Skipping Girl

A gorgeous story about a girl on a bridge by Philippa Burne.

The first in a series of specially invited guest contributions by friends whose work inspires and relates in some way to bridges. We’ve had the pleasure of traveling and meeting in many places and I’m looking forward to the 5th April, Millennium Bridge London for my 10th Anniversary champagne celebration!

Skipping Girl

By Philippa Burne
©2011

They met on a bridge in Moscow. She was there to install an artwork, a neon sculpture of a girl skipping lightly over a white metal arch. He was there to stop her causing damage.

His bridge had a Russian accent. It was called Большой Каменный мост. Her tongue did not fit easily around its unfamiliar shape. She pronounced it as Bolshoy Kamenny Bridge.

On the first day, they met in the middle and shook hands. Then they walked the length of the bridge. Every morning suited workers trod past resolved to do the best they could in their narrow office cubicles; in the evenings they hurried home with minds freed to dream for a few hours. For five years he had been unseen, enclosed in his thick dark wool coat, maintaining the worn stone path for those everyday people. Content to remain outside on his bridge.

On the second day, they met to measure for bolts and cables. She brought him a coffee. The steam rose in the cold midday air as he sipped and stared across the slow-moving river towards the Kremlin, unsure what to say unless it was a technical specification. He could not help but notice her long brown hair wisping around in the breeze, the sun catching on the lights of gold caught in the strands. She asked about the buildings surrounding them on the left and right banks of the Moskva. He watched the way her red lips shaped easily around words difficult to him. He told her the history of the Cathedral of Christ the Saviour, Храм Христа Спасителя or Khram Khrista Spasitelya. When he spoke he formed his English carefully, his Russian slowly, wondering if she might learn his sounds. He tried to hold her intent grey-eyed stare.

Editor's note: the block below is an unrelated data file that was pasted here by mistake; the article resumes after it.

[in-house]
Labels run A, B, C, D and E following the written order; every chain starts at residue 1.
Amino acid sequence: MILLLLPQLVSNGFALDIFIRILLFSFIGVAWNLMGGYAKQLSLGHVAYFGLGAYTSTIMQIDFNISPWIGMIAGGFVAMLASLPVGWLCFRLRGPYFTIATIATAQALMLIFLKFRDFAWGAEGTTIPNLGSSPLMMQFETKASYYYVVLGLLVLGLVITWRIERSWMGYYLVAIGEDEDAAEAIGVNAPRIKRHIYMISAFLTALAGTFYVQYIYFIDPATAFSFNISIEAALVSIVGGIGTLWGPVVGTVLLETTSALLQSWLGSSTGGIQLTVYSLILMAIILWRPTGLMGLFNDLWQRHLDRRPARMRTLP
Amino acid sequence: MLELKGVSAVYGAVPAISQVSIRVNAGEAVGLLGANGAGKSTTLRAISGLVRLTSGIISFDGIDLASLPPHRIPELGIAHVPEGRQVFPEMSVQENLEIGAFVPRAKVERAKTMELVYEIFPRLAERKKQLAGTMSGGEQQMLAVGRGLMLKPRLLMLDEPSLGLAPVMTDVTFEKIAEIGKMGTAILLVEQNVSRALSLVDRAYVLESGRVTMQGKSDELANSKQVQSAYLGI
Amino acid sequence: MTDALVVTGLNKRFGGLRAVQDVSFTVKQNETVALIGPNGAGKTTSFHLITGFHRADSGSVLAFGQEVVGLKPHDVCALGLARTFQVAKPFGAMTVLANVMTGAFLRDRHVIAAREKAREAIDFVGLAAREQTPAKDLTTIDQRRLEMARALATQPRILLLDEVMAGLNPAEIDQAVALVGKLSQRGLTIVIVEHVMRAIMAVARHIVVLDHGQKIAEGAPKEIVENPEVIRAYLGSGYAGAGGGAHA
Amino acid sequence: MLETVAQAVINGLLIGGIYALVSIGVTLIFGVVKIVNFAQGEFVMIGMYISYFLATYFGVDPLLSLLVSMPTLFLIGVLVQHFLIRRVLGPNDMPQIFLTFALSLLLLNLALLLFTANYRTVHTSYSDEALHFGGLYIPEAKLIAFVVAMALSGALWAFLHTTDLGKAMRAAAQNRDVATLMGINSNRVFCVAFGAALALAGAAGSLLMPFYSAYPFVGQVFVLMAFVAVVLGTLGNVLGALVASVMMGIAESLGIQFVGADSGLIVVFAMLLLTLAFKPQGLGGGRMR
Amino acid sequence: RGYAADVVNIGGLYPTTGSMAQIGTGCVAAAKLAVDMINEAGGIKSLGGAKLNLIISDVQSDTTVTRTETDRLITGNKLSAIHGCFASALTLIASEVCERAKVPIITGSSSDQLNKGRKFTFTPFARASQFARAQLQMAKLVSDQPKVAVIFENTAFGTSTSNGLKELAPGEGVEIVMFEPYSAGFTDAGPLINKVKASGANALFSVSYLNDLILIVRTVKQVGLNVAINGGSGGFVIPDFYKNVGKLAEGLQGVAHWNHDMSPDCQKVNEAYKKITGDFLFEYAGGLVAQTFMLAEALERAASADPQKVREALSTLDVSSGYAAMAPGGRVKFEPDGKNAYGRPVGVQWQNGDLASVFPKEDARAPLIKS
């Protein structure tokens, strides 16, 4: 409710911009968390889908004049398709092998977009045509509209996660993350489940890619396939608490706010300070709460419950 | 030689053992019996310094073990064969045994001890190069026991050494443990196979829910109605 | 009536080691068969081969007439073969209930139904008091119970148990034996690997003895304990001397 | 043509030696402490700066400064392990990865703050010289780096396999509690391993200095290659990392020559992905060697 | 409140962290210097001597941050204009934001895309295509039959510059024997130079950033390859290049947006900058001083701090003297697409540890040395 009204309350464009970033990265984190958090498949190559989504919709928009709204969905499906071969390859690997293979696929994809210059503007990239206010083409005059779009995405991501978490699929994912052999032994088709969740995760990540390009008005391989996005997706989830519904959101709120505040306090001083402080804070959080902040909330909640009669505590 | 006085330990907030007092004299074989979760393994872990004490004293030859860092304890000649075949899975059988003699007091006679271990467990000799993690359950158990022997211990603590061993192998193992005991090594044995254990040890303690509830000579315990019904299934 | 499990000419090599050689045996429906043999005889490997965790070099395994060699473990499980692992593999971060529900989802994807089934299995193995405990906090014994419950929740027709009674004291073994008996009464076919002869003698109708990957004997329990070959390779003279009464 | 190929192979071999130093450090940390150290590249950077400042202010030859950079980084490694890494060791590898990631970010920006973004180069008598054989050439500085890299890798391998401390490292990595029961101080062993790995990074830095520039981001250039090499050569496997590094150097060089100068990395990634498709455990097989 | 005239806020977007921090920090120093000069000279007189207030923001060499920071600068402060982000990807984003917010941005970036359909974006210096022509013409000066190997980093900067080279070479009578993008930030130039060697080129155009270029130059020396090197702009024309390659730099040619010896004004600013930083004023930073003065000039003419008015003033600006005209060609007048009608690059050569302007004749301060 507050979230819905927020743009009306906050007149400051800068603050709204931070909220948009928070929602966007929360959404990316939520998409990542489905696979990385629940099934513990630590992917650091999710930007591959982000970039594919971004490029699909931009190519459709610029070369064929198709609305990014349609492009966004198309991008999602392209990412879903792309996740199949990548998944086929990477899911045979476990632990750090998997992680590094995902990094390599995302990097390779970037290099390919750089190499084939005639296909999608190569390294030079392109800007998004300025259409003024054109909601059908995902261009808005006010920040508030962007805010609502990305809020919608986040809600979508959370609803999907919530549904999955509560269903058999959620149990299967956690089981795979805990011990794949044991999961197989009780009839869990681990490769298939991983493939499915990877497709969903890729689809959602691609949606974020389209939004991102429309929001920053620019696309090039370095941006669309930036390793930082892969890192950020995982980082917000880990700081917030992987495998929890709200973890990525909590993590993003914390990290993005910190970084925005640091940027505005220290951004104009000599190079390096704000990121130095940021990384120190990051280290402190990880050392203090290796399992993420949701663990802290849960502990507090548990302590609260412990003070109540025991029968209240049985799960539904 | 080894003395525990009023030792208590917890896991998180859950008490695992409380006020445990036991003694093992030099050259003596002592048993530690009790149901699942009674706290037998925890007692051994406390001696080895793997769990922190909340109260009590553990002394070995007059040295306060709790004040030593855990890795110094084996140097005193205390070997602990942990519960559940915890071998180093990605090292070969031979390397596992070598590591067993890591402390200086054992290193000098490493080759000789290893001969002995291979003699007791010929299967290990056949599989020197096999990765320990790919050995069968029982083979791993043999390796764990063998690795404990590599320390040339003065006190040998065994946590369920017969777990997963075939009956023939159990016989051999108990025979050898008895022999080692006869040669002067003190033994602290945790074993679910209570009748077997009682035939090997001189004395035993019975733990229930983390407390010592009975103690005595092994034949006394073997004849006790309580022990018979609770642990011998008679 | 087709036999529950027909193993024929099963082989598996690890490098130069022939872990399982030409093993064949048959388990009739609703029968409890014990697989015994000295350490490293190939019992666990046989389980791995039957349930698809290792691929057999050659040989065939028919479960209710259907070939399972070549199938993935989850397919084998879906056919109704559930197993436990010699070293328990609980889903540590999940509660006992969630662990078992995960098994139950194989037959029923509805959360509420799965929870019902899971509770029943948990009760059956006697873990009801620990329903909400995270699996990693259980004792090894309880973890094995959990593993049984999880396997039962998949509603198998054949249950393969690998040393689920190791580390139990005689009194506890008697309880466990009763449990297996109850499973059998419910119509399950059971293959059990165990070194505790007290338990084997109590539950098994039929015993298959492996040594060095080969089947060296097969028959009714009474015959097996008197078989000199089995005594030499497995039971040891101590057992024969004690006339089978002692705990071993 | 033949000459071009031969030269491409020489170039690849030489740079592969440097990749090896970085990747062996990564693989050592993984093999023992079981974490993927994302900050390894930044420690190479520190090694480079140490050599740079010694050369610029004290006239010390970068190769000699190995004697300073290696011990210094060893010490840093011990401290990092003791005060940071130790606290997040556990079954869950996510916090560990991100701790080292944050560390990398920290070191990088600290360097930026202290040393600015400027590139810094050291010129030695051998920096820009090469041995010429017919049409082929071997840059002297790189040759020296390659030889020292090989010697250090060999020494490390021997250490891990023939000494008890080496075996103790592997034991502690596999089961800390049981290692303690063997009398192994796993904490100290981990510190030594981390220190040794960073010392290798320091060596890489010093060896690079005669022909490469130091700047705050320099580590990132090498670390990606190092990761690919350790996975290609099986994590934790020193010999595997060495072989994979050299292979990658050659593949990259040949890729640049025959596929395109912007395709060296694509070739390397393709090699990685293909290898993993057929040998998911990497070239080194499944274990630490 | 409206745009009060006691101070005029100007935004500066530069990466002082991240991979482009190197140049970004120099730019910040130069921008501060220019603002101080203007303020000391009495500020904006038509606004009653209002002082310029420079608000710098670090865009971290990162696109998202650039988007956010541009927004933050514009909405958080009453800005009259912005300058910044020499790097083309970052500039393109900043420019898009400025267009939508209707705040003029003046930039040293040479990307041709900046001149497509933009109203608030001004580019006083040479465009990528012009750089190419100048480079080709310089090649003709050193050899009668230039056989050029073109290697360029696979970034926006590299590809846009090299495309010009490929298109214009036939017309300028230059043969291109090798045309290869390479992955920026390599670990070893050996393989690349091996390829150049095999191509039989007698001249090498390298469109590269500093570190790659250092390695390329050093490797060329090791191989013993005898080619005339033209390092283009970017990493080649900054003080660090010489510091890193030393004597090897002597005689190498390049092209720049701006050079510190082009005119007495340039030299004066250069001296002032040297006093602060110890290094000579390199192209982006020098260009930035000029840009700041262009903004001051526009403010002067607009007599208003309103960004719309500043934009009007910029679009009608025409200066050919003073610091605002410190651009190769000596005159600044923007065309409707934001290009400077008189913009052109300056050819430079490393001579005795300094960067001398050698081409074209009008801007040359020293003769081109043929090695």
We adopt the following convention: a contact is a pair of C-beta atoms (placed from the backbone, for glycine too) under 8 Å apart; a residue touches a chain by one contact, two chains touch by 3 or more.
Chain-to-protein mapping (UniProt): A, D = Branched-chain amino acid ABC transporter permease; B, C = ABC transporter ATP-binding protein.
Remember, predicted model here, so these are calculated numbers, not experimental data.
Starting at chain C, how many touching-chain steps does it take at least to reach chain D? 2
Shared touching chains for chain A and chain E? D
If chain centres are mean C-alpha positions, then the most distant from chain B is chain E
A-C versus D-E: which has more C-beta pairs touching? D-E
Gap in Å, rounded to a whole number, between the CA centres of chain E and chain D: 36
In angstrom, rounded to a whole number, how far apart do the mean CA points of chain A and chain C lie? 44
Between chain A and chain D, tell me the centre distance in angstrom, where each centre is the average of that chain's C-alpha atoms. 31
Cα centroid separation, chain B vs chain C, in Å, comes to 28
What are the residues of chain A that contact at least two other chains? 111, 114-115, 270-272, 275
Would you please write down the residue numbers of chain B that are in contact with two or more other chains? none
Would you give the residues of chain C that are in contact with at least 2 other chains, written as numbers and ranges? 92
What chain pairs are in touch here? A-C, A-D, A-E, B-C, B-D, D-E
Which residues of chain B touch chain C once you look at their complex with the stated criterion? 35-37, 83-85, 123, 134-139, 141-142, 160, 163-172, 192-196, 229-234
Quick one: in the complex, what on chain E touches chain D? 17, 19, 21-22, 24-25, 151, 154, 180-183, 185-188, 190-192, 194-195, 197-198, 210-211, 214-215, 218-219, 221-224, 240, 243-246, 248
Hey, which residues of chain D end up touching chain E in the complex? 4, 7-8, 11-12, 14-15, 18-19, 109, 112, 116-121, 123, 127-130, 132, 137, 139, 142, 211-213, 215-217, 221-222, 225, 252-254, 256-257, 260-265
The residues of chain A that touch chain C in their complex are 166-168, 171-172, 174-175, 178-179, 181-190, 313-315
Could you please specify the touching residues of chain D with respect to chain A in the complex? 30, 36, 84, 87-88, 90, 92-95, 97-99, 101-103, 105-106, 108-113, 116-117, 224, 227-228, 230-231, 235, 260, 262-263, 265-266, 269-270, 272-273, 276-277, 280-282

On the third day, she arrived to find him with bolt cutters in his hands. She wondered what he was doing and he took her to the middle of the bridge where rusting mesh fenced stone pillars, and showed her the locks. Gleaming padlocks of new love, the keys thrown into the river for eternal fidelity. Pen scrawl of a date on one side, two names on the other. Locks of love. His job was to cut them off.

She did not come for the next few days.

When she finally reappeared she had another man with her. Then another. And another. These were the men who would make her girl skip.

He watched her carefully unwrap the packing. Tenderly handle the neon. Laughing with pleasure when the first girl lit up. White legs, green skirt, blue top, red ponytail. One by one girl after girl lit up on the bridge, a sequence of steps, coloured light running over the top of his hard metal arch. She began to skip. The real girl ran beneath her creation. As the workmen left, she turned to him and grabbed his hands, her grey eyes shining with tears. Her wondered if the cold wind was bothering her. She shook her head and the tears wet her cheeks with joy.

While the mink-wrapped art world toasted her success with champagne, he stood to one side. She brought him a glass, pulled him out of the shadows. When no-one else demanded her time, she spent it with him. Watching her girl run over his bridge.

Next morning, she brought him a coffee. They hung over the hard stone sides and watched the water flow by. She taught him to play pooh sticks and raced him from one side of the bridge to the other until exhausted they rested in the middle where she noticed a new lock that he had not cut off.

As the girl skipped above them, they listened to the everyday people’s reactions. He translated for her, leaving out what he thought would upset. She asked him to teach her some words. He began gently but she asked him for more. She wanted to share the passion of language. Words such as tantalise, caress, embrace, mystify, en-trance, overwhelm. She said them in English, he said them in Russian. She said them in Russian, he said them in English. Their tongues danced with new sounds and they forgot the people passing by.

Then the men arrived to remove the girl. His bridge plunged back into shadow when her light was turned off. He watched as they repacked the girl, put her into crates, nailed down the lids. The workmen carried the boxes away off the bridge.

He walked the length of the bridge, then back to the middle. Despite his vigilance there was a crack in the stone. He cut down the lock.

Heart Locks on Bridge in Vilnius

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